Tracing the development of forts, Nogay told the library audience that Fort Pitt in Pittsburgh was "the main staging point for embarkation to the new world." Pioneers settled in coves and valleys because the Ohio River banks were too dangerous, leaving settlers wide open to attack by Native Americans, he explained. At that time, the region probably was the most dangerous place in which to live because Indians "weren't fair fighters" and it was a "very savage, dangerous place," Nogay commented.
John Holliday and Harmon Greathouse founded the Holliday's Cove Fort on Harmon Creek in northern Ohio County, Va. (in the area of the present-day Hancock-Brooke county line). At the time, Ohio County, formed out of Virginia's West Augusta District, encompassed the whole panhandle, he said.
The history of Fort Henry in Wheeling was preserved to a much greater degree than other area forts because Fort Henry had its own biographer, Zane Grey, a descendant of the founding Zane family. First known as Fort Fincastle, it was renamed in honor of patriot Patrick Henry.
Nogay's chapter on family forts and blockhouses contains information on six such facilities in Hancock County, 11 in Brooke County, five in Ohio County, 13 sites in Marshall County and 14 forts in Washington, Beaver and Greene counties in Pennsylvania.
In addition to describing area forts, Nogay's book includes tales of several colorful characters and stories of dramatic incidents that took place in the region during the Revolutionary War era. For instance, the first chapter is devoted to Capt. Samuel Mason, "the criminal commander" of Fort Henry, who, six months after the first siege of the fort, was court-martialed and later became a notorious river pirate.
The second chapter recounts the murders of Chief Logan's family members at Baker's Tavern, which was located at Yellow Creek near the present-day Mountaineer Casino, Racetrack and Resort. Calling it his favorite story in the book, Nogay relates the conflicting accounts of who was to blame for the murders, and notes the massacre prompted the chief's speech, known as "Logan's Lament," later published in the McGuffey Reader and made famous for the final lines: "Who is there to mourn for Logan? Not one."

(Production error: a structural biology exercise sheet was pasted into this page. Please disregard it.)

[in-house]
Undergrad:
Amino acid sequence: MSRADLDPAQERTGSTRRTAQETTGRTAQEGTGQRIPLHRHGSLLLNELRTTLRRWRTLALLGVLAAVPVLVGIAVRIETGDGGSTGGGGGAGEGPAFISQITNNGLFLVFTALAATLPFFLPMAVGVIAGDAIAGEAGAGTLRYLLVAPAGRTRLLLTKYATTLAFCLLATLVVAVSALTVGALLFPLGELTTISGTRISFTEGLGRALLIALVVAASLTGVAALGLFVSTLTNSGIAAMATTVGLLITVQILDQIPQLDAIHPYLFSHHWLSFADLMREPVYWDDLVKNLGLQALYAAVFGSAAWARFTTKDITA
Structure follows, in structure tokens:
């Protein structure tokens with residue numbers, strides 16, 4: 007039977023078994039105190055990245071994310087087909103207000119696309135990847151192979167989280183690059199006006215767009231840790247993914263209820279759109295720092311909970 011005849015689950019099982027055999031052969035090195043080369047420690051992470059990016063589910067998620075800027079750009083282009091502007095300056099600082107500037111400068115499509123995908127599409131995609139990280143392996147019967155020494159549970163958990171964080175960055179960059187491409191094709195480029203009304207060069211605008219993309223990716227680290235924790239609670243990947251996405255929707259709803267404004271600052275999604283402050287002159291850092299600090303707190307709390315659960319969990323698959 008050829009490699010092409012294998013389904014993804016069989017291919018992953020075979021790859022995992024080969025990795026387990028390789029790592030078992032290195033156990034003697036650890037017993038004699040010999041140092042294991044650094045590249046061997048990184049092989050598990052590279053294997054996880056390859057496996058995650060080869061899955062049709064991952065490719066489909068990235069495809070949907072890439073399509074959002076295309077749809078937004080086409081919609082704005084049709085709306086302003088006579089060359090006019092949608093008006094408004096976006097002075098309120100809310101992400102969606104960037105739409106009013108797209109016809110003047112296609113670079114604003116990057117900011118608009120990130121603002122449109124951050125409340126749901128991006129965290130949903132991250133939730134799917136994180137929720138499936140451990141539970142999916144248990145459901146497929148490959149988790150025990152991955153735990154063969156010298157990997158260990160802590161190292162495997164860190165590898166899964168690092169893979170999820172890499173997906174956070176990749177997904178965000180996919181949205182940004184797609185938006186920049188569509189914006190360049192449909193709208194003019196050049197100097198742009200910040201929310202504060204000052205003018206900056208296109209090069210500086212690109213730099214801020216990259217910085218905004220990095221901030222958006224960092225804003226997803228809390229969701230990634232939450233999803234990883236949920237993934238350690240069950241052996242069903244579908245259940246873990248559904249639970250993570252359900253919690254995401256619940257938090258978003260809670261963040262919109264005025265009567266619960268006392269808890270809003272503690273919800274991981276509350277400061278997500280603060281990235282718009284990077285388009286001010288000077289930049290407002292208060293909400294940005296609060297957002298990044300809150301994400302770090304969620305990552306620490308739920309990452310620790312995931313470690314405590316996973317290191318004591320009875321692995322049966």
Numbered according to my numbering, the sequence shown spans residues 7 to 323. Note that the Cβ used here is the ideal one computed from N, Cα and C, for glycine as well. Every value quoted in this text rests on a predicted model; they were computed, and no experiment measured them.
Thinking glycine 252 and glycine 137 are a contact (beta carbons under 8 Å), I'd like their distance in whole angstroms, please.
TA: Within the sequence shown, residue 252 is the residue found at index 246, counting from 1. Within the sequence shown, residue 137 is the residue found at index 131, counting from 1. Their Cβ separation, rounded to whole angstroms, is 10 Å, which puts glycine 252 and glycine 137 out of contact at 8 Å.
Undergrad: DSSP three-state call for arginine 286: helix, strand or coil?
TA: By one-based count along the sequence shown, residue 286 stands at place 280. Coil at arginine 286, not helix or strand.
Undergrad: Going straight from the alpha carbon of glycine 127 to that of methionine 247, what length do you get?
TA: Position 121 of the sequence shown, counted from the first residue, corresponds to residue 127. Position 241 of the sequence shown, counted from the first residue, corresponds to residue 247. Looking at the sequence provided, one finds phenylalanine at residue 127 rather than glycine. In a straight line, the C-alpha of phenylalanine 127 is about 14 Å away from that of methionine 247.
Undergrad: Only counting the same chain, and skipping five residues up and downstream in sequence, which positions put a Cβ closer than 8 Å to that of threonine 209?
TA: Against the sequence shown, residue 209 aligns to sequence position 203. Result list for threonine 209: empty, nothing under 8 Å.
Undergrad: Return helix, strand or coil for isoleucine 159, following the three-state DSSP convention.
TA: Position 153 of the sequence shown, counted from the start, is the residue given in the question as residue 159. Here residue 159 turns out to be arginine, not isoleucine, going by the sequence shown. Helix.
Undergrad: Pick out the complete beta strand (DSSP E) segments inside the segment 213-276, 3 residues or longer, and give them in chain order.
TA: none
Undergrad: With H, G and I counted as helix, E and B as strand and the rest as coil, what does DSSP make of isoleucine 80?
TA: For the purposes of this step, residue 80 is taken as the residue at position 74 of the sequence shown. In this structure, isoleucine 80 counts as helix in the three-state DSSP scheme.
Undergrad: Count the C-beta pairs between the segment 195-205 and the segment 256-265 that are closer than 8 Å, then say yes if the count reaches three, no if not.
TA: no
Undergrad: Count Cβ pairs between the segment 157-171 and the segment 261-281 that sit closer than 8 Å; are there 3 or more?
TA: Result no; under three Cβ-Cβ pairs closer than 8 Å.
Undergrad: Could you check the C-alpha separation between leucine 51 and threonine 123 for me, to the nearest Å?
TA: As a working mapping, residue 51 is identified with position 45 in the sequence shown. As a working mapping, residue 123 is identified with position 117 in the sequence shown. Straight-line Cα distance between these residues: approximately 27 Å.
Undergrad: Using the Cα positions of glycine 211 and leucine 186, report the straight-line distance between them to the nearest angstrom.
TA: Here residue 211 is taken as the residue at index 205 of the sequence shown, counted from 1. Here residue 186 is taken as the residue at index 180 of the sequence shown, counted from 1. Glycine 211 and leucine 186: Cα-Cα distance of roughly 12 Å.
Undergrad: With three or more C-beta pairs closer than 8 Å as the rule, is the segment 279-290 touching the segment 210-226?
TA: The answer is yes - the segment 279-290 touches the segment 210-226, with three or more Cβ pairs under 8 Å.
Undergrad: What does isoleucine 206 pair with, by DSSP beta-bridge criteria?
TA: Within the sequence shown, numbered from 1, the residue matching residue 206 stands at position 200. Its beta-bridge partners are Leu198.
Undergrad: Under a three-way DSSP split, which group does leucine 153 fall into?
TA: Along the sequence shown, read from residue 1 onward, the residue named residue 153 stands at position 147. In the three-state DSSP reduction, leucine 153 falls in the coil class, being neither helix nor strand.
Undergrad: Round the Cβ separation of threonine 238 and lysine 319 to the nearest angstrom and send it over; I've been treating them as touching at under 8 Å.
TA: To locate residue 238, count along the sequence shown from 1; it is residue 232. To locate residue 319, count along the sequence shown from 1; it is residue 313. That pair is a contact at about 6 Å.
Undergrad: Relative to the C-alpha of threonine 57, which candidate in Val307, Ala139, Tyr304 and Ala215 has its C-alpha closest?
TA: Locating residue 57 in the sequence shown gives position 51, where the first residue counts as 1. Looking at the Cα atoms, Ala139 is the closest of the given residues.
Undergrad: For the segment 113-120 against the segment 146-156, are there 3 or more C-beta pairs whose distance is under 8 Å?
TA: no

Nogay said there are 80,000 pension affidavits from Revolutionary War veterans on file in the National Archives. One of those veterans, John Struthers, offered a fascinating account of traveling from Fort Pitt to Holliday's Cove and down to Wheeling, said Nogay, who wrote a chapter on Struthers.
A chapter examines the infamous Simon Girty, "a man between" the white and Indian cultures, who was "revered by Indians" and hated by white men as a notorious turncoat. Another chapter tells of Big John Wetzel's sons, including "the exceedingly brave" Lewis Wetzel.
In the final chapter, Nogay argues that the famous "Kentucky rifle" should be called the "Pennsylvania rifle" because it originated in Lancaster County, Pa.
"Every Home a Fort, Every Man a Warrior" is available for purchase in a number of area locations, including Words and Music at Stratford Springs, Wheeling Artisan Center, Moundsville Pharmacy, Traubert's Pharmacy in Wellsburg, Weirton Book Co., Weirton Area Museum and Historic Fort Steuben in Steubenville.